CHEO Logo
Decrease Text SizeIncrease Text SizeFacebookTwitterYoutube

Banner
image of smiling kids with text "programs and services" 

CHEO’s Healing Garden

Fresh from the garden… the latest updates on the Healing Garden:Photo of members of CHEO's Healing Garden Committee

On April 22, 2014 CHEOs’ Green Committee held an event for patients, staff and donors to celebrate Earth Day at CHEO.

Dr. Matthew Bromwich, a CHEO surgeon and head of the Green Committee at the hospital, took the opportunity to thank people and organizations who have given in support of CHEO’s Healing Garden which was inaugurated last year, thanks to a gift from the Hike for CHEO Committee of the Hellenic Community of Ottawa

  • Looking out for the planet is an everyday activity. This year, CHEO is grateful to have other people who look out for our planet and donated in support of the Healing Garden, namely Nordion who recently made a commitment of $15,000 over 3 years. We estimate that our annual operating costs will be about $5,000/year so multi-year pledges like Nordion’s really help ensure that the Healing Garden program will be sustainable and will continue to grow. 

Other generous supporters of the Healing Garden include:

  • Chris Papoutsis, Director of Sales at EnviroCurb who has generously donated benches and a waste receptacle. They are currently situated at the Main Entrance but will be moved into the garden when appropriate. 
  • Russ Keenan Enterprises who is donating their services to provide water for the garden. 
  • HoneyWell Building Solutions who donated spruce saplings both this year and last year – a wonderful and green way to celebrate Earth Day. 
  • Canadian Museum of Nature who has provided admission coupons and a great gift basket. 

Many others have been vital to the design of the project; they include: Annette Hegel, Jason Smalley; Janice Ife and the students of Algonquin College, as well as Tom Manion, of Ottawa Brick and Stone.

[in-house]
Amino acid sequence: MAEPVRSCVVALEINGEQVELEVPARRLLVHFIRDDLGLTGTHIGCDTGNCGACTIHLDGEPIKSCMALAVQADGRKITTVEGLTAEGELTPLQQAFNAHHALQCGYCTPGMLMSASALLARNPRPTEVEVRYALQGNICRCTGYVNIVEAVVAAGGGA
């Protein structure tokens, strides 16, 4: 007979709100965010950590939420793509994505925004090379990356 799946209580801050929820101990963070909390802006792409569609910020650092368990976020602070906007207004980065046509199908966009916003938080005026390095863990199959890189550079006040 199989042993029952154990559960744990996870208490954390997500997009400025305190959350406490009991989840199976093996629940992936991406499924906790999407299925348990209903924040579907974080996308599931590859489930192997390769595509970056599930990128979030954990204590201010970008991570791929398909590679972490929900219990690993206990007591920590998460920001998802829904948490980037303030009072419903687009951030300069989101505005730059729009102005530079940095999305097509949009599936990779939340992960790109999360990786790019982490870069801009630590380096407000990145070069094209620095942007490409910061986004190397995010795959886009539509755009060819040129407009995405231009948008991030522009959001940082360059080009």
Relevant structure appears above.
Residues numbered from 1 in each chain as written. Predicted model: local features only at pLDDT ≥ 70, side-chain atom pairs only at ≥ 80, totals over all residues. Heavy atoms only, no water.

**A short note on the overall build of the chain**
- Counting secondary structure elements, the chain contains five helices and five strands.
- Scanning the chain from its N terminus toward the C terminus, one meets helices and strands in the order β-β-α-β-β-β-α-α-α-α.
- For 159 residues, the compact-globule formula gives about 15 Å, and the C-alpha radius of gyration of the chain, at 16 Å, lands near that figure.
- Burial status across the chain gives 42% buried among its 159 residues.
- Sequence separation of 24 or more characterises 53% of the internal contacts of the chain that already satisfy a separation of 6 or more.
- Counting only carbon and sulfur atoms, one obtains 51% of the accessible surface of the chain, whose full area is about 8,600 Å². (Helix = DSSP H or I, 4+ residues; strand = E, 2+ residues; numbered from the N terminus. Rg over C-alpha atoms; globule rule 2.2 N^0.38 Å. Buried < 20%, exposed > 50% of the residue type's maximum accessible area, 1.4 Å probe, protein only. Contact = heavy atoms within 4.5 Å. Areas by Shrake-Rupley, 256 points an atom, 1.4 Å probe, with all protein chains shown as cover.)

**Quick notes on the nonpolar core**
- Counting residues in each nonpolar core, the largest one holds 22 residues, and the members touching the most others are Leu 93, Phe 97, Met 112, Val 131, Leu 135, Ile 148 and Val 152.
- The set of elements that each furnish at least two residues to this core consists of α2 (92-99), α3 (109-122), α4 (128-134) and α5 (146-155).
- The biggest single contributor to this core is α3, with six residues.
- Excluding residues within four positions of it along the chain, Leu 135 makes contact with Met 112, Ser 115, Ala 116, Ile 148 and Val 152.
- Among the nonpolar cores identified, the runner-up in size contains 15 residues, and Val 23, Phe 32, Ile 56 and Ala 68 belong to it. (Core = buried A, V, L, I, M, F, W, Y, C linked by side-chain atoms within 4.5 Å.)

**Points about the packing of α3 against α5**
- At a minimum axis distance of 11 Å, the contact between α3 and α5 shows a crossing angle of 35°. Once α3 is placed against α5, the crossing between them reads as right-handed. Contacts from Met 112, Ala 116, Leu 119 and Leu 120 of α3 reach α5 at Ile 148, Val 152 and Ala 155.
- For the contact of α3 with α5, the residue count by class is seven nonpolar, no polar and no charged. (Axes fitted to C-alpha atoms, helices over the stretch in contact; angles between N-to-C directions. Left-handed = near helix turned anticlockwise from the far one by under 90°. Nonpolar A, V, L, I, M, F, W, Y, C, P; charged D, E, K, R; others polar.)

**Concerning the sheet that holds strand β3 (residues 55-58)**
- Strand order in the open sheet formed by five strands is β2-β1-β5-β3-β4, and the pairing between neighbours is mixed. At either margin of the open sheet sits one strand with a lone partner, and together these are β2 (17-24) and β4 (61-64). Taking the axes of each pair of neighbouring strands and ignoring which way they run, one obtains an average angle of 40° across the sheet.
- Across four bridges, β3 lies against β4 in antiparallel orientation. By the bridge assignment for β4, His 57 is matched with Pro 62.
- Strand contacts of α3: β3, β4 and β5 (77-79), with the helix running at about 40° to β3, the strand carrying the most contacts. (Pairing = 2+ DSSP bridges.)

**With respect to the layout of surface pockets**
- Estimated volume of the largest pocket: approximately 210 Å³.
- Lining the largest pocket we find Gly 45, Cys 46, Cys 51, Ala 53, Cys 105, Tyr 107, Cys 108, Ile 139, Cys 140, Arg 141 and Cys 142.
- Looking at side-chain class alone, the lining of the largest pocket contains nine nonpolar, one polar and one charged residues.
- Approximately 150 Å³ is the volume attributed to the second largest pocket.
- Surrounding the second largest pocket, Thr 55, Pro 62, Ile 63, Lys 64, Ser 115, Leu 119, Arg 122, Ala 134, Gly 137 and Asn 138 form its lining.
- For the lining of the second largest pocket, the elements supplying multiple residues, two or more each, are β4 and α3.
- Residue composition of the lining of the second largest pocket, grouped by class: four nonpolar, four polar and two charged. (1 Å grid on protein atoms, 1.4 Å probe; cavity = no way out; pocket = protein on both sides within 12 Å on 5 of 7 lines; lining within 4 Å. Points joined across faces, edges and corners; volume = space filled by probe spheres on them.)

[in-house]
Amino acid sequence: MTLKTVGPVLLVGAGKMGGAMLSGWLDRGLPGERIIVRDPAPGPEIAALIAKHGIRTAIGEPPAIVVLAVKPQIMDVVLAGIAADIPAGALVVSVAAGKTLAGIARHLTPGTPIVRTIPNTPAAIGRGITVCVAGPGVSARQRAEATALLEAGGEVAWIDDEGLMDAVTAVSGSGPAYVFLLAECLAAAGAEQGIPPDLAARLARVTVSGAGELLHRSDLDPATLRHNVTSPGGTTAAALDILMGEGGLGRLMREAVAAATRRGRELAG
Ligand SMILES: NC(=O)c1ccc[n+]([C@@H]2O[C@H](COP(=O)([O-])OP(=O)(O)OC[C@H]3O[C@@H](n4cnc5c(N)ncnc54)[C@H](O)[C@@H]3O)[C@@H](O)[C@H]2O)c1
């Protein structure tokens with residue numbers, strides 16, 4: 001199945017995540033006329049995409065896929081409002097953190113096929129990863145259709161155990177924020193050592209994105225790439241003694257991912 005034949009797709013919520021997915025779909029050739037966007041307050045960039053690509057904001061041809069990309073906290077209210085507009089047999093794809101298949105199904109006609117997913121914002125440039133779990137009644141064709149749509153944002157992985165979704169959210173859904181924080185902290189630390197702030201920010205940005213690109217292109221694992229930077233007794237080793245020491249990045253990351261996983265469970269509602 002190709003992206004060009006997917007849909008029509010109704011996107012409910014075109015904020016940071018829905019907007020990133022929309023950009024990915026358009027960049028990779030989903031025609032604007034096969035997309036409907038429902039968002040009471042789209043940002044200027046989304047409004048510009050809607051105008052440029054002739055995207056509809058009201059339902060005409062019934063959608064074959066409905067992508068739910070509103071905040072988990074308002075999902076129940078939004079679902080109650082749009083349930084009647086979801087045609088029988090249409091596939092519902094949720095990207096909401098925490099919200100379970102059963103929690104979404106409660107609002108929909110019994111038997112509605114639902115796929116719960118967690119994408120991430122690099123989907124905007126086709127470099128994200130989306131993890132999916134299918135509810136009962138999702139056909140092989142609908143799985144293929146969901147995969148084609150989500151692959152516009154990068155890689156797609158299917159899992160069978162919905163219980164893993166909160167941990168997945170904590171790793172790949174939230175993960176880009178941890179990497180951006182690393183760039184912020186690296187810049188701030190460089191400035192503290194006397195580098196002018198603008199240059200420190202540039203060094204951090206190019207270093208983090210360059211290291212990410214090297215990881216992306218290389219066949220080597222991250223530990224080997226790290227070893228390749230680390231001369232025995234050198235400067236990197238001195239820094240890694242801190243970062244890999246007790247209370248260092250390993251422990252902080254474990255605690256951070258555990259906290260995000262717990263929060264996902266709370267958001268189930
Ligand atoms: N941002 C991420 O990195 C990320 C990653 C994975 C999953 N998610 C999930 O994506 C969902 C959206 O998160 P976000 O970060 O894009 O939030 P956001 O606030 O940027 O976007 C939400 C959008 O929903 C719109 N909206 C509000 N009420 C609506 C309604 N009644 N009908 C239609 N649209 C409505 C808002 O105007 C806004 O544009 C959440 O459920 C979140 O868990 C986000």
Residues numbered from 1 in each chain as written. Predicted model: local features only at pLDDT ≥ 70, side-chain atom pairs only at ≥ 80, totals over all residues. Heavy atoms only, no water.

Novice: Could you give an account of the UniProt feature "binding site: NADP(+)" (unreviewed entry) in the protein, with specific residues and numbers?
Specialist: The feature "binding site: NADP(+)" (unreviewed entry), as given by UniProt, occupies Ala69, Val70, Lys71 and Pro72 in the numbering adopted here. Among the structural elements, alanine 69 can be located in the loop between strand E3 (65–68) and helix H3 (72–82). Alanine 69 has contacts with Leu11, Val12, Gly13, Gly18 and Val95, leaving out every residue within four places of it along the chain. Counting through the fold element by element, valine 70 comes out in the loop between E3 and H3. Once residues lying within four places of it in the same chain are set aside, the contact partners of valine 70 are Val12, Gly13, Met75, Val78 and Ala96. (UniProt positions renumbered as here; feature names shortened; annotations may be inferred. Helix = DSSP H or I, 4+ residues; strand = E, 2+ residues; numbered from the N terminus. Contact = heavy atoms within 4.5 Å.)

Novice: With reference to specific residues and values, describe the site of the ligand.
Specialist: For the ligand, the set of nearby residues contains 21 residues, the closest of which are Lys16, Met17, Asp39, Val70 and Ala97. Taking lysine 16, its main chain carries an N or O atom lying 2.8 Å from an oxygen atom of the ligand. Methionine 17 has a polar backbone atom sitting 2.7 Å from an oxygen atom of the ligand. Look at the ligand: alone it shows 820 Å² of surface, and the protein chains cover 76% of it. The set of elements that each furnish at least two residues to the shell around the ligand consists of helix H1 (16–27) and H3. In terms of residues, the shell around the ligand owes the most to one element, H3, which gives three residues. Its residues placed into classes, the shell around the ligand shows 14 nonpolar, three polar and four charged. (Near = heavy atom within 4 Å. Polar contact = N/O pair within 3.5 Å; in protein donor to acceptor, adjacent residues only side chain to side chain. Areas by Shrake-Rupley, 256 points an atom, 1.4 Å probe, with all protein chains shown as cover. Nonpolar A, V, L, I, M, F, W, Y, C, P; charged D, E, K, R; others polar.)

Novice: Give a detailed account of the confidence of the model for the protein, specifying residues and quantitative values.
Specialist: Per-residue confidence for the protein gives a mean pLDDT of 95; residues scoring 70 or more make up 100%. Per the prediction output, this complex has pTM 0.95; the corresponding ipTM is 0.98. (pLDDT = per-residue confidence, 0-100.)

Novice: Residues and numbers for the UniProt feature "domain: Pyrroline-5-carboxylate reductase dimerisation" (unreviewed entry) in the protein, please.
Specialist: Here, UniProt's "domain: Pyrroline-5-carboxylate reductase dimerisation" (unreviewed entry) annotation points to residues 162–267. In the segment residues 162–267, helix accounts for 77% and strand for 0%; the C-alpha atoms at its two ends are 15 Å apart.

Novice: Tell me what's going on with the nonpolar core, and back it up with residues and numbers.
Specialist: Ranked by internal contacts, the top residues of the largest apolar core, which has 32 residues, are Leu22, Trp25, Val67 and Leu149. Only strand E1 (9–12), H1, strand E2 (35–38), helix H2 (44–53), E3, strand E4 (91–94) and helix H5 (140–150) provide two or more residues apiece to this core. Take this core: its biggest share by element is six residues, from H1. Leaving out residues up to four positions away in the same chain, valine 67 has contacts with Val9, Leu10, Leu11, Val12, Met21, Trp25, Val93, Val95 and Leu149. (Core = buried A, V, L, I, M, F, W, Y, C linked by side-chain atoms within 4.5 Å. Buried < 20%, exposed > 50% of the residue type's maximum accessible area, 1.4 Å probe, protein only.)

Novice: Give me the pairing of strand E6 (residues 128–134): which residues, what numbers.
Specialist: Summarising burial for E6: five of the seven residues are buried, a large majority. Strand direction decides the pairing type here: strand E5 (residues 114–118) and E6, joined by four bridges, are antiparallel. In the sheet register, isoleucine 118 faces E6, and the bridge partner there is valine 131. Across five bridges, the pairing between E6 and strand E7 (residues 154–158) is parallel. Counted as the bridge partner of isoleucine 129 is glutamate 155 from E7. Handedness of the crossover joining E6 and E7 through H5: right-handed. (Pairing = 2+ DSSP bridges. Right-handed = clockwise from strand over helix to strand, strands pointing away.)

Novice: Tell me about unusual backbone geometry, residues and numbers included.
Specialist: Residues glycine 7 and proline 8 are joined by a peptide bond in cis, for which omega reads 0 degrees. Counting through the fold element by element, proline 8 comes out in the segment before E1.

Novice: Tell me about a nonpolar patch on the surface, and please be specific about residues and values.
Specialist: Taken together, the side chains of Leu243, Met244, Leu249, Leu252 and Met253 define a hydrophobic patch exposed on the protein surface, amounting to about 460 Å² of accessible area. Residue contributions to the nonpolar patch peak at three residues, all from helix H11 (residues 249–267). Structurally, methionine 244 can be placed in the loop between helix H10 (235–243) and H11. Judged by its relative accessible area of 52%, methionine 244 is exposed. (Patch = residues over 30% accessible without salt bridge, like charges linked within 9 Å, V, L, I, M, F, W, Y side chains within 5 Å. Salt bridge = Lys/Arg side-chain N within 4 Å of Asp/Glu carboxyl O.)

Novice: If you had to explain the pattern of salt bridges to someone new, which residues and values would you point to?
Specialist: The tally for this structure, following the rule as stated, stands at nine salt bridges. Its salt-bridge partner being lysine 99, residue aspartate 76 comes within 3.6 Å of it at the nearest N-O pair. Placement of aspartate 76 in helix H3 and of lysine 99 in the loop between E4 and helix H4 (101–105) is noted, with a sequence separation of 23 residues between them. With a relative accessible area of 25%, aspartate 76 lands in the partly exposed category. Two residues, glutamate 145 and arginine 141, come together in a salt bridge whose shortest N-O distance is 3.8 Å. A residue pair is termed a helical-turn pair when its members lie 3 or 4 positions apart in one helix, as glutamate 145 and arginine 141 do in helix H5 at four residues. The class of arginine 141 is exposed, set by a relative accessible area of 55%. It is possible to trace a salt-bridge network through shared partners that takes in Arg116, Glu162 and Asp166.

About CHEO’s Healing Garden

A garden can be one of the most magical places in a child’s life. To plant and care for something, see it sprout and then bloom is indeed special. Gardens also have a soothing affect in relieving stress so that children and youth can be taught to better channel their energy and learn to alleviate various forms of stress through healthy methods.

Many of our long-term patients and children with chronic disorders feel that CHEO is like a second home. This is why the Healing Earth Garden will have such an important and special role at CHEO for our inpatients. Like our playrooms and our libraries, it will be another program that will let kids be kids.

CHEO staff members are always looking for creative ways to help patients in their recovery and rehabilitation. The Healing Earth Garden will be another outlet for rehabilitation that is both fun and creative.

We will need the generosity and support of our community to initiate and maintain this effort.

Start-up Costs:

 $60,000

Annual Operating Costs:

$5,000

For the Health of Our Children: Patient Care Impact

The Garden will be used to promote health and wellness, develop new skills, restore self-esteem and provide a sense of community. 

  • Nutrition: Encourage a healthy lifestyle by decreasing stigma surrounding eating disorders and obesity. Patients can be taught the importance of incorporating fresh vegetables, fruits and herbs into their diet, right here at CHEO!
  • Education: Kids can learn to understand basic food sustainability and food safety.
  • Rehabilitation: Gardening is a form of exercise which can improve endurance, flexibility and strength. Horticulture therapy will be used to achieve specific treatment goals for: Autism Spectrum Disorder; anxiety; anger and depression; Attention Hyperactivity Disorder; developmental and physical disabilities.